One of Justin Trudeau’s first major acts upon taking office was making Canada a signatory to the Paris Agreement on climate change. According to Dermot Foley and Andrew Simpson of BC-based Vancity Investment Management, the commitment was a step in the right direction for a country that dragged its heels on the issue for far too long under the previous administration.
“Global demand for fossil fuels has to decrease, there is no doubt about that,” says Foley. “We can either make the transition rationally, or not. At one time all British Colombia was known for was forestry, but we made it through that transition when a number of mills shut down because there was a jobs strategy and a lot of political will.”
According to Foley, Canada also provides plenty of examples where the changeover process hasn’t gone so smoothly. “The opposite happened on the east coast with cod fishing. There wasn’t much planning, it collapsed, and it led to massive unemployment,” he says. “Those are the two models we can pursue when it comes to fossil fuels – we can either have a rational transition or just wait until we can no longer compete in the global market. Oil sands oil is the second most expensive to produce and it is competing with oil that is near the surface in Saudi Arabia.”
Foley and Simpson are sub-advisors for IA Clarington Inhance SRI Funds, and as such it is their business to find investment opportunities as Canada and the world makes the shift away from fossil fuels.
“Solar is one of the investments we have in our global portfolio,” said Simpson. “We focus on utility-scale power plants, solar panel producers and also the collectives that distribute the power in communities. One name we would highlight is Vestas Wind Systems out of Denmark which is the largest wind turbine manufacturer in the world.”
Simpson and Foley agree that while Canada lags behind many of the European nations on this issue, there are companies emerging here to meet the growing demand for renewable power.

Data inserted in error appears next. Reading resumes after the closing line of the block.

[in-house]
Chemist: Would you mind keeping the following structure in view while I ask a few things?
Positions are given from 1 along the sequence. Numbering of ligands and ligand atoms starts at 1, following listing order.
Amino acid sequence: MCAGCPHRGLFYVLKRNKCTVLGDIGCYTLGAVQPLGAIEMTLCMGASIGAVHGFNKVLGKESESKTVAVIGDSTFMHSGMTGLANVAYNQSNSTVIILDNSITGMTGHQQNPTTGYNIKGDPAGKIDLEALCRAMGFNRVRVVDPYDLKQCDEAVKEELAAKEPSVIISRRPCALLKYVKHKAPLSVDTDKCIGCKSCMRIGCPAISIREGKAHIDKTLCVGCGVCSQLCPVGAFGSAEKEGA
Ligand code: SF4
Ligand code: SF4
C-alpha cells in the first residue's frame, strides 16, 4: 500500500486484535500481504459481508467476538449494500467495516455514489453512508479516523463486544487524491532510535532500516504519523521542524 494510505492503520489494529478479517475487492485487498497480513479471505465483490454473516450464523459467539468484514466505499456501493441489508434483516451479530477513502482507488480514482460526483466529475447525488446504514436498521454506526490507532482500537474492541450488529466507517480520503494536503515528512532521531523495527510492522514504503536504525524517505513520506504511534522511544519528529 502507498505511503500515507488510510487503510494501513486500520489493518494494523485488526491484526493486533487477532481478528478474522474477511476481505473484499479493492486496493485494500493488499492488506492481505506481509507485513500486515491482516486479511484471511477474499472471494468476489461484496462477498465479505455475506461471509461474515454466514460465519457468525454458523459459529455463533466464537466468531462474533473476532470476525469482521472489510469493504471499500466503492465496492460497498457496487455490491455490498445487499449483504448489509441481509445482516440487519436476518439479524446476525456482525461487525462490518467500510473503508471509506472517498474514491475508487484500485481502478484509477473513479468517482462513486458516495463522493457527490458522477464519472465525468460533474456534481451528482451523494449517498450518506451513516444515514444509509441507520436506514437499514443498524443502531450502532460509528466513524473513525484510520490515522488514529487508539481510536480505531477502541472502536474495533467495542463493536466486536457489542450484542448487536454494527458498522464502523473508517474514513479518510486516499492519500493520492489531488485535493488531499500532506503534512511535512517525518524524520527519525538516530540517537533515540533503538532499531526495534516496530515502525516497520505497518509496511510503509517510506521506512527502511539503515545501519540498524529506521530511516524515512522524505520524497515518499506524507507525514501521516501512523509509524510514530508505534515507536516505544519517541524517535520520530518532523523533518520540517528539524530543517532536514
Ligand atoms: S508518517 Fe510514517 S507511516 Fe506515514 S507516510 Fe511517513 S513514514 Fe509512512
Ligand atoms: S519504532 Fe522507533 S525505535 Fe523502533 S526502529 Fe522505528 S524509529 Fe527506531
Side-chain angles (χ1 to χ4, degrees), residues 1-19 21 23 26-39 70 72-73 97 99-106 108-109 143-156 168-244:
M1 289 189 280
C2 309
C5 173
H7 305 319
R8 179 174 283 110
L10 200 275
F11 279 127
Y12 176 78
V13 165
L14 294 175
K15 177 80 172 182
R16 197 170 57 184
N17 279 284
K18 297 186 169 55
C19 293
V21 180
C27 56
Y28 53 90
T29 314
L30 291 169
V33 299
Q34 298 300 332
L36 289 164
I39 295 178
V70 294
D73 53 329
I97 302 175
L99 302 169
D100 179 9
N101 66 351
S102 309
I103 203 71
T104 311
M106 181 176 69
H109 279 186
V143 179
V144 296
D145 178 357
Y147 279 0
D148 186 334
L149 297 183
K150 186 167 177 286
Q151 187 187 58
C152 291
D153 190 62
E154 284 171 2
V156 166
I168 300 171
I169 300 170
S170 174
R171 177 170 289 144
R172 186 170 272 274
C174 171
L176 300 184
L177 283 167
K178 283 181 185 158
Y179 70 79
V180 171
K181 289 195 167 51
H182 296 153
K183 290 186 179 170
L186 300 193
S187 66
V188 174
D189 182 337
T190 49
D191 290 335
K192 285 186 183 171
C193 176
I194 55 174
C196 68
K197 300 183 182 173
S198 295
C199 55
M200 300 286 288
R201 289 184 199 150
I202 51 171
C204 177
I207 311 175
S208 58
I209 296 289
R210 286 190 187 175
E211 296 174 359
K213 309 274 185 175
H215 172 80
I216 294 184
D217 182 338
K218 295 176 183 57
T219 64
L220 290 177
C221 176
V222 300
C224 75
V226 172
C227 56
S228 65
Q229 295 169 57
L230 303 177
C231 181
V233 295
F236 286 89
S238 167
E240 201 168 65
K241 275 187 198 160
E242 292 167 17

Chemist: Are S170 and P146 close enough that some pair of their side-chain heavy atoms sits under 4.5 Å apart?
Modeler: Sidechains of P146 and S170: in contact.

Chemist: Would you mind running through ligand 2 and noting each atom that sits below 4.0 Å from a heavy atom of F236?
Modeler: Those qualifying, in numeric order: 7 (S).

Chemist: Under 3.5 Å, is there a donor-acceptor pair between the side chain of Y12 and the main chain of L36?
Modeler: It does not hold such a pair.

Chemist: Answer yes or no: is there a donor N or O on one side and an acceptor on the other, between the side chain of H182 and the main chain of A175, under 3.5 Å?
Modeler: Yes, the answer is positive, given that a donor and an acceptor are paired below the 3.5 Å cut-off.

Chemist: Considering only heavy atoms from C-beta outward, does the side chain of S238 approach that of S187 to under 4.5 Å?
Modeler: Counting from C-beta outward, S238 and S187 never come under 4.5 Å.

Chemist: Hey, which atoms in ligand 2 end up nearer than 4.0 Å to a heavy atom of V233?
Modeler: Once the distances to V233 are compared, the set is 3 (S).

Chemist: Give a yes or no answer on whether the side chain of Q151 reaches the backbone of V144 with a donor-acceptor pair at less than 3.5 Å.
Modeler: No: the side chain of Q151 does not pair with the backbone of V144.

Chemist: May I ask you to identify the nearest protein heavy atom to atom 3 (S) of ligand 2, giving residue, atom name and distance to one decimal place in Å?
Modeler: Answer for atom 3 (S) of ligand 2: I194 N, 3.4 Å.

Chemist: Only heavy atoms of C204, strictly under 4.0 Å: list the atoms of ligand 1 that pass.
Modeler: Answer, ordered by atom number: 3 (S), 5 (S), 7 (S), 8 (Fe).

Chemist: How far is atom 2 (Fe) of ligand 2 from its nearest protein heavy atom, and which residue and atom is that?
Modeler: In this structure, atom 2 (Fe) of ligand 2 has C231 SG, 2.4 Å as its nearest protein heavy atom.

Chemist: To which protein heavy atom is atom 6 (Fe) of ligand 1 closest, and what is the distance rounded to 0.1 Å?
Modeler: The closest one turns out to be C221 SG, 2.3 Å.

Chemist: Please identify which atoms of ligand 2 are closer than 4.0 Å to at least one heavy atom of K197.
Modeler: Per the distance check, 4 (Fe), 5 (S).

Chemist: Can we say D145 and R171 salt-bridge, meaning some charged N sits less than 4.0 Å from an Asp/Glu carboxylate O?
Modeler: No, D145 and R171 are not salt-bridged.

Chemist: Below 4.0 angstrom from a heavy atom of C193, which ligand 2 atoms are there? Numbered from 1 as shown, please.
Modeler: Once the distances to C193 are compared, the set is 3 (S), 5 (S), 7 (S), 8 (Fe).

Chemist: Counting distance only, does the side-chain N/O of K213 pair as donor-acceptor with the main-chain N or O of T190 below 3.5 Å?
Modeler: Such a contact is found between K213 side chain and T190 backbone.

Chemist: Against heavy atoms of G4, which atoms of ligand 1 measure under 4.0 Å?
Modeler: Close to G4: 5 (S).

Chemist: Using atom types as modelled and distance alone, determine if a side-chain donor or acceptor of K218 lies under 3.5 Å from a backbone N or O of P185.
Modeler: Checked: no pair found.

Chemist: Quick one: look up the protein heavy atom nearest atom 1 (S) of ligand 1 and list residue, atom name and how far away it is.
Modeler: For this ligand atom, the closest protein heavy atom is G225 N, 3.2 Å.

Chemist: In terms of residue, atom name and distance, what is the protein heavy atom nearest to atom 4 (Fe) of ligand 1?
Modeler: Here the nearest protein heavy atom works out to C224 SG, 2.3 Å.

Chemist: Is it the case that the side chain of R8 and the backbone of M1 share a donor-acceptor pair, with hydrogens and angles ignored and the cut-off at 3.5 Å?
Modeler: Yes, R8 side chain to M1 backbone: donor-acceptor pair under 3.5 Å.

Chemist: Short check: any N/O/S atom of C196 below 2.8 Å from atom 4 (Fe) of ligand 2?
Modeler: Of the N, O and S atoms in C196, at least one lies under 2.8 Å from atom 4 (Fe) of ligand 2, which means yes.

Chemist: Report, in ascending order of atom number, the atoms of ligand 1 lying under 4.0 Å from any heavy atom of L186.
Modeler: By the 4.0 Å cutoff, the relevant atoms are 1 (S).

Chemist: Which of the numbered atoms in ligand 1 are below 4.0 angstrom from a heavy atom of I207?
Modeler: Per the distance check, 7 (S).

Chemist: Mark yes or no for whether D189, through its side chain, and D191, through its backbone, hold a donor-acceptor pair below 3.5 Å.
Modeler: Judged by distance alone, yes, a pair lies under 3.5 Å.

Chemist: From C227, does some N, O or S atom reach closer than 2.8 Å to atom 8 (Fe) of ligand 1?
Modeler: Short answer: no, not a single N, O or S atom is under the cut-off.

“Pattern Energy Group is another interesting company that develops wind farms,” says Simpson. “They recently did an installation for Amazon, which has committed to having a majority of its power coming from renewable sources. There are companies out there trying to meet that demand from the global Fortune 500 companies that are embracing the shift to renewables.”
A report by the Renewable Energy Network released last week showed that investment in wind, hydro and solar is twice that of coal and natural gas power plants globally.
In Canada, provinces such as Alberta still rely on coal to a large extent, which Foley feels needs to change if the country can meet its obligations under the Paris Accord.
“From a global perspective we are the 8th highest greenhouse gas emitter in the world, but 37 countries have a bigger population. We are already out of balance for what our responsibility should be. There is a lot of work to do. For our Canadian funds we don’t have any oil sands or the big pipeline companies, but we do have natural gas as we see it having a vital role in this transition to a low-carbon economy.”